An artist’s illustration of self-propelled, photoacoustic-tomography-tracked microrobots inside the gut. [Image: Caltech]
The use of micro- and nanoparticles for targeted drug delivery and therapeutics has stoked considerable excitement and progress. But just how to image and activate those tiny warriors at depth in a patient’s body remains a tough problem.
To tackle that problem, a U.S. research team has now developed a prototype system of self-propelled, drug-laced “microrobots” to deliver therapeutics to cancerous intestinal tissue. At the heart of the system is a light-based technique, photoacoustic tomography, that’s used to track the bots deep in the organism and then set them loose when they reach the neighborhood of a tumor (Sci. Robot., doi: 10.1126/scirobotics.aax0613).
To create the system, the research team, led by Wei Gao and OSA Fellow Lihong Wang of the California Institute of Technology (Caltech), began by building up, layer by layer, the micro-bots themselves. At the core of these bots, or micromotors, are commercially purchased magnesium microspheres approximately 20 μm in diameter. In the lab, the team spread these microparticles on a glass slide, and then used a number of chemical-washing and evaporative techniques to coat the spheres successively in a 100-nm-thick layer of gold, an alginate hydrogel layer that embeds a drug (in this case, doxorubicin), and a capping, stability-enhancing polymer layer that can stand up to intestinal acids.
By design, the process for building up the layered microspheres on top of a glass slide leaves a tiny, roughly 2-μm-diameter opening in the applied layers, exposing the magnesium core. That “porthole” is the key to the microparticles’ self-propulsion capabilities. When the magnesium is exposed to intestinal acids through the porthole, it reacts with them, creating a stream of bubbles that jet out of the porthole like gases from a rocket nozzle. The bubble stream propels the microsphere forward until it strikes the surrounding tissue.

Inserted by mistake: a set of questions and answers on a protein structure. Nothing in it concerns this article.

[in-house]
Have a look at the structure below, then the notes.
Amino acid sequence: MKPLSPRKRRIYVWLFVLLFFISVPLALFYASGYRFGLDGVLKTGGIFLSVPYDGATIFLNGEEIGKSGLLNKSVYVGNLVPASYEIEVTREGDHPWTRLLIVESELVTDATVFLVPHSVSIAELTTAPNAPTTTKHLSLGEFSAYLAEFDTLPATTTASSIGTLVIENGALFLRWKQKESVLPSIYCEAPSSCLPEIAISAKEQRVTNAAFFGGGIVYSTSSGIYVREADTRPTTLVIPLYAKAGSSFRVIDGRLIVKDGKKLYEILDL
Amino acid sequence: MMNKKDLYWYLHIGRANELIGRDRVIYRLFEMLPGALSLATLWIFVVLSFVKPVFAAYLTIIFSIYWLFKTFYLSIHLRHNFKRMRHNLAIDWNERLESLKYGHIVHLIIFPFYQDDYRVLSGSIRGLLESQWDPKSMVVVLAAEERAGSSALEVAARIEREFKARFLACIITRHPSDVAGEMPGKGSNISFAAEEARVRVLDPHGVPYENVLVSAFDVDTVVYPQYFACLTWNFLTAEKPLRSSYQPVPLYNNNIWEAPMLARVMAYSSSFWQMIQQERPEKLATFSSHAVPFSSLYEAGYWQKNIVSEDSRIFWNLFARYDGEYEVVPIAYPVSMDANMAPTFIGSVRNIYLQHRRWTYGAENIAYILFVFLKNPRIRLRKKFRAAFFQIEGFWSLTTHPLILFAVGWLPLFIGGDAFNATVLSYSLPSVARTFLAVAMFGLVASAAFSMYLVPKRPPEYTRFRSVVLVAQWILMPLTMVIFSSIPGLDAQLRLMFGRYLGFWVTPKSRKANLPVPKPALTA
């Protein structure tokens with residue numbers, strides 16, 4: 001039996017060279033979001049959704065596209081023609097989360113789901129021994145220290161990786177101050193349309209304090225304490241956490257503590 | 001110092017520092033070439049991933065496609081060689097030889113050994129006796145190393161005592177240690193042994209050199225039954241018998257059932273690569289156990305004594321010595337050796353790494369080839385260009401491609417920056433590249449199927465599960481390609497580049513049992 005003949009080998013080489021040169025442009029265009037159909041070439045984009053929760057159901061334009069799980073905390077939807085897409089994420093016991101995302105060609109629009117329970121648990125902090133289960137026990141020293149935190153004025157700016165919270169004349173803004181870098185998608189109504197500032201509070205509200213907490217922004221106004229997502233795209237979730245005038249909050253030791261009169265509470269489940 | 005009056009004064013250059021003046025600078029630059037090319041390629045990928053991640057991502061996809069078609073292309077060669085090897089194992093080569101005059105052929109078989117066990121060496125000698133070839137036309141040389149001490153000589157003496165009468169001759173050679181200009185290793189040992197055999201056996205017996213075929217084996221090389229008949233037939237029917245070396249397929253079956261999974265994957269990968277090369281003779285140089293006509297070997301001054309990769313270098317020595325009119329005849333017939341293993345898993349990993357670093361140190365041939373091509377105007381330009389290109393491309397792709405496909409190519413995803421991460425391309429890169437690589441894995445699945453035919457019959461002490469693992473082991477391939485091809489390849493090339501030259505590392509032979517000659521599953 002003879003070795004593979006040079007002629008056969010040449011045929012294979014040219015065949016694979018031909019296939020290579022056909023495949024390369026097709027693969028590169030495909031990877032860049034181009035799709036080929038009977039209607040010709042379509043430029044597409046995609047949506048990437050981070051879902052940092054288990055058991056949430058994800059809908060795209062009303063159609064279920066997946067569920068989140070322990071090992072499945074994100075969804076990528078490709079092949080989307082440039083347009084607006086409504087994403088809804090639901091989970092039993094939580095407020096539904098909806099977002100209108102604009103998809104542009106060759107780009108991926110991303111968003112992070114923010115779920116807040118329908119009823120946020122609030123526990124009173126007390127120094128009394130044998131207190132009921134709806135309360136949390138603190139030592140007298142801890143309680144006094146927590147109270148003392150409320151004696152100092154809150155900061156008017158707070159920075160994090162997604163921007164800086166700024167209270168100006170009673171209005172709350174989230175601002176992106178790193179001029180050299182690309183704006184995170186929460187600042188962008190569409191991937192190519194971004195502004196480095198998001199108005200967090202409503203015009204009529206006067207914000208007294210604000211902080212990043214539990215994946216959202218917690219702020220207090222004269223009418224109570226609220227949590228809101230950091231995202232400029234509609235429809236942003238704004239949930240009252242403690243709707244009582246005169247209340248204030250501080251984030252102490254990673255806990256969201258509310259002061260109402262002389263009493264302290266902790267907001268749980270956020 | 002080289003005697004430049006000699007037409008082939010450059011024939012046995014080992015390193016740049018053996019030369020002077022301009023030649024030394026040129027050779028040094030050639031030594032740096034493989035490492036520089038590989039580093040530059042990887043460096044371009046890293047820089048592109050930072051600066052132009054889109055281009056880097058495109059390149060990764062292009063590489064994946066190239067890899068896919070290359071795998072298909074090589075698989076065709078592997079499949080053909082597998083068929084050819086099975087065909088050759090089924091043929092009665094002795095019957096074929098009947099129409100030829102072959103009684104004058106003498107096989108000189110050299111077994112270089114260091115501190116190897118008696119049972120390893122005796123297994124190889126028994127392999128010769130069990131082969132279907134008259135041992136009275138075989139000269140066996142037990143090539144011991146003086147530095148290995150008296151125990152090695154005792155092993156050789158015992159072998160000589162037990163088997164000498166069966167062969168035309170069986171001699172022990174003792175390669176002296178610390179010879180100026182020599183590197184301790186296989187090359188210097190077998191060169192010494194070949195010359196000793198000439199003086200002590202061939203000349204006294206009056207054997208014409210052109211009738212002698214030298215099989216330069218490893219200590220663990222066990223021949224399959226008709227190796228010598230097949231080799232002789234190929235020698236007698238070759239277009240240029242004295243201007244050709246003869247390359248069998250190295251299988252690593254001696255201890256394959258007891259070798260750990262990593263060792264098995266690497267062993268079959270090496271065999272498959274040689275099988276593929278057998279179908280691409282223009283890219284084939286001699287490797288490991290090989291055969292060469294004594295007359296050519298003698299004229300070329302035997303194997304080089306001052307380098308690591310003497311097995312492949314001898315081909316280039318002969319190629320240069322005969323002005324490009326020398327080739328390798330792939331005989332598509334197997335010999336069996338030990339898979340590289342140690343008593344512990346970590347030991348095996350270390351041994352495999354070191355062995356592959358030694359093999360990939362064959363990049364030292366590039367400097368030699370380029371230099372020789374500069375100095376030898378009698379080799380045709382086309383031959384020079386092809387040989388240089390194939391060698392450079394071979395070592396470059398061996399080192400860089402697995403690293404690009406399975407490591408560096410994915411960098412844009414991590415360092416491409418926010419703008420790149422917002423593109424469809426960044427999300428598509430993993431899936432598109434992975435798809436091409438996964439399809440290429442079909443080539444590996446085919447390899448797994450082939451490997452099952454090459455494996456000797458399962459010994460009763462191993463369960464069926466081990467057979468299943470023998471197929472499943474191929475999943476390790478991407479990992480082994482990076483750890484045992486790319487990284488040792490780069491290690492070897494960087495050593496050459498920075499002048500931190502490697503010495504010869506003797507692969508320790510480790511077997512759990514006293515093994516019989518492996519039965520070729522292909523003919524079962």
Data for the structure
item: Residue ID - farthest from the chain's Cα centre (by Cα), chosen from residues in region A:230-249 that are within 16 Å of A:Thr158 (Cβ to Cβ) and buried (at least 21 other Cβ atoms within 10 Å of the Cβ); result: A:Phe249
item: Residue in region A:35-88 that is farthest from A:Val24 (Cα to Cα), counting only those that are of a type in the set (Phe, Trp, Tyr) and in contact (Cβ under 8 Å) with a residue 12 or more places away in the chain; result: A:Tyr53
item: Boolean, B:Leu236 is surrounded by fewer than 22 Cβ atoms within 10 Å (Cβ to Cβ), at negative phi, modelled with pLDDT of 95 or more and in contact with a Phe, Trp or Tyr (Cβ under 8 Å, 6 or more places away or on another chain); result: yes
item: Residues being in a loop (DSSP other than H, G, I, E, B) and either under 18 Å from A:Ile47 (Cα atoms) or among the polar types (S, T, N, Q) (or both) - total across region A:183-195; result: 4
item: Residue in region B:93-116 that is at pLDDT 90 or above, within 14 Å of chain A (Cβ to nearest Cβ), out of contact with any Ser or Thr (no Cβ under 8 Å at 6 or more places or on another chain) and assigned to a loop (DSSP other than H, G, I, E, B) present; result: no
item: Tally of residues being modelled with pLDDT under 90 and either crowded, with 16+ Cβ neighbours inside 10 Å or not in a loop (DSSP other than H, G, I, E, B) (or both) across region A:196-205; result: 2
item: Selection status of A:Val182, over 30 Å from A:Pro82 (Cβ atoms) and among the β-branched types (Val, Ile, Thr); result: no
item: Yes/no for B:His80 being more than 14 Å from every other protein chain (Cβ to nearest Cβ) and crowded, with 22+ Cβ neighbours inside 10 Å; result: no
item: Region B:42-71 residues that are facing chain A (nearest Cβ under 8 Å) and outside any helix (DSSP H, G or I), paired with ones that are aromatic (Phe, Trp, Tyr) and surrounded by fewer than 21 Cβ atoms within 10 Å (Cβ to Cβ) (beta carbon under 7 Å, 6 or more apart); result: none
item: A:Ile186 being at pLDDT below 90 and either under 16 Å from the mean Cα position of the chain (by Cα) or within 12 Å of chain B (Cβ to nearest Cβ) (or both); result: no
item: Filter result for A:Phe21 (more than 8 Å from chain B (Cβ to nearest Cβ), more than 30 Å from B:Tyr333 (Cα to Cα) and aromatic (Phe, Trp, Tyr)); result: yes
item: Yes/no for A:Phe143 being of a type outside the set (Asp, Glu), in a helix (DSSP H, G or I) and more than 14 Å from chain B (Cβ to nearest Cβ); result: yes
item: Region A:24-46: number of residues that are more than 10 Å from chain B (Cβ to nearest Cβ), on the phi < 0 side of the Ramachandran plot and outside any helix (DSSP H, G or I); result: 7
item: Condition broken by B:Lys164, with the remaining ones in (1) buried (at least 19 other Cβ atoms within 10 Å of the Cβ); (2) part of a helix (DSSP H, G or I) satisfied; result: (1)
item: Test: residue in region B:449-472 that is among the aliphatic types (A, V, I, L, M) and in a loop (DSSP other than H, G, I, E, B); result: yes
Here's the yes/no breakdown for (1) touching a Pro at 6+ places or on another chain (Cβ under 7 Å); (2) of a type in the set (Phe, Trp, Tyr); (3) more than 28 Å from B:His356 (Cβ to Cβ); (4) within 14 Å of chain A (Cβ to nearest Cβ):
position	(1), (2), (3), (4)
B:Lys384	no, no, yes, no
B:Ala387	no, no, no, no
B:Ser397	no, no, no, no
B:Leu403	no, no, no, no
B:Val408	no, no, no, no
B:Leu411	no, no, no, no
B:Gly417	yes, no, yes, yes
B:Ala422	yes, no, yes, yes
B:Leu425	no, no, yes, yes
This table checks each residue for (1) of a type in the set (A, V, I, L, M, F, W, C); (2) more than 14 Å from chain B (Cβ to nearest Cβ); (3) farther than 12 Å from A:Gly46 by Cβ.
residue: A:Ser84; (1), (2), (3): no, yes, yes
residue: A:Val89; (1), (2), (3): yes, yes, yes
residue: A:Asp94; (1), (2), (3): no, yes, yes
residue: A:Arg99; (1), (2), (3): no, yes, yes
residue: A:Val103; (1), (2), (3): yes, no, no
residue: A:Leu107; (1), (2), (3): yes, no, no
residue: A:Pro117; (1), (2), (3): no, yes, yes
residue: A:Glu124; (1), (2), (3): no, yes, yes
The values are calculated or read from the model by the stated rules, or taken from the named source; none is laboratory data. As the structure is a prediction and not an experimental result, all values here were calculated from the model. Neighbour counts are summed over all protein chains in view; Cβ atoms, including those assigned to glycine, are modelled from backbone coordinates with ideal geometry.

The team used an emulsion method to package a number of the micromotors into a gelatin solution and then encapsulate them in a paraffin coating—like buckshot in a shotgun shell. The researchers now had a potentially ingestible capsule packed with drug-delivering micro-bots. But how could the team be sure that the bots reached the right place—and set them loose when they got there?
A possible answer lay in photoacoustic tomography (PAT), an emerging technique for deep-tissue imaging that leverages both optical and acoustic energy. In a typical PAT scheme, a short infrared laser pulse, capable of penetrating deep into tissue without causing damage, is absorbed by cells in the body; the absorbed energy is then re-released as heat, which gives rise to a pressure increase that propagates as a photoacoustic wave. That acoustic-wave signal, in turn, can be picked up outside of the body using ultrasound transducers, and computer-processed into images of often striking detail and resolution (see “Multiscale Photoacoustic Tomography,” OPN, April 2018).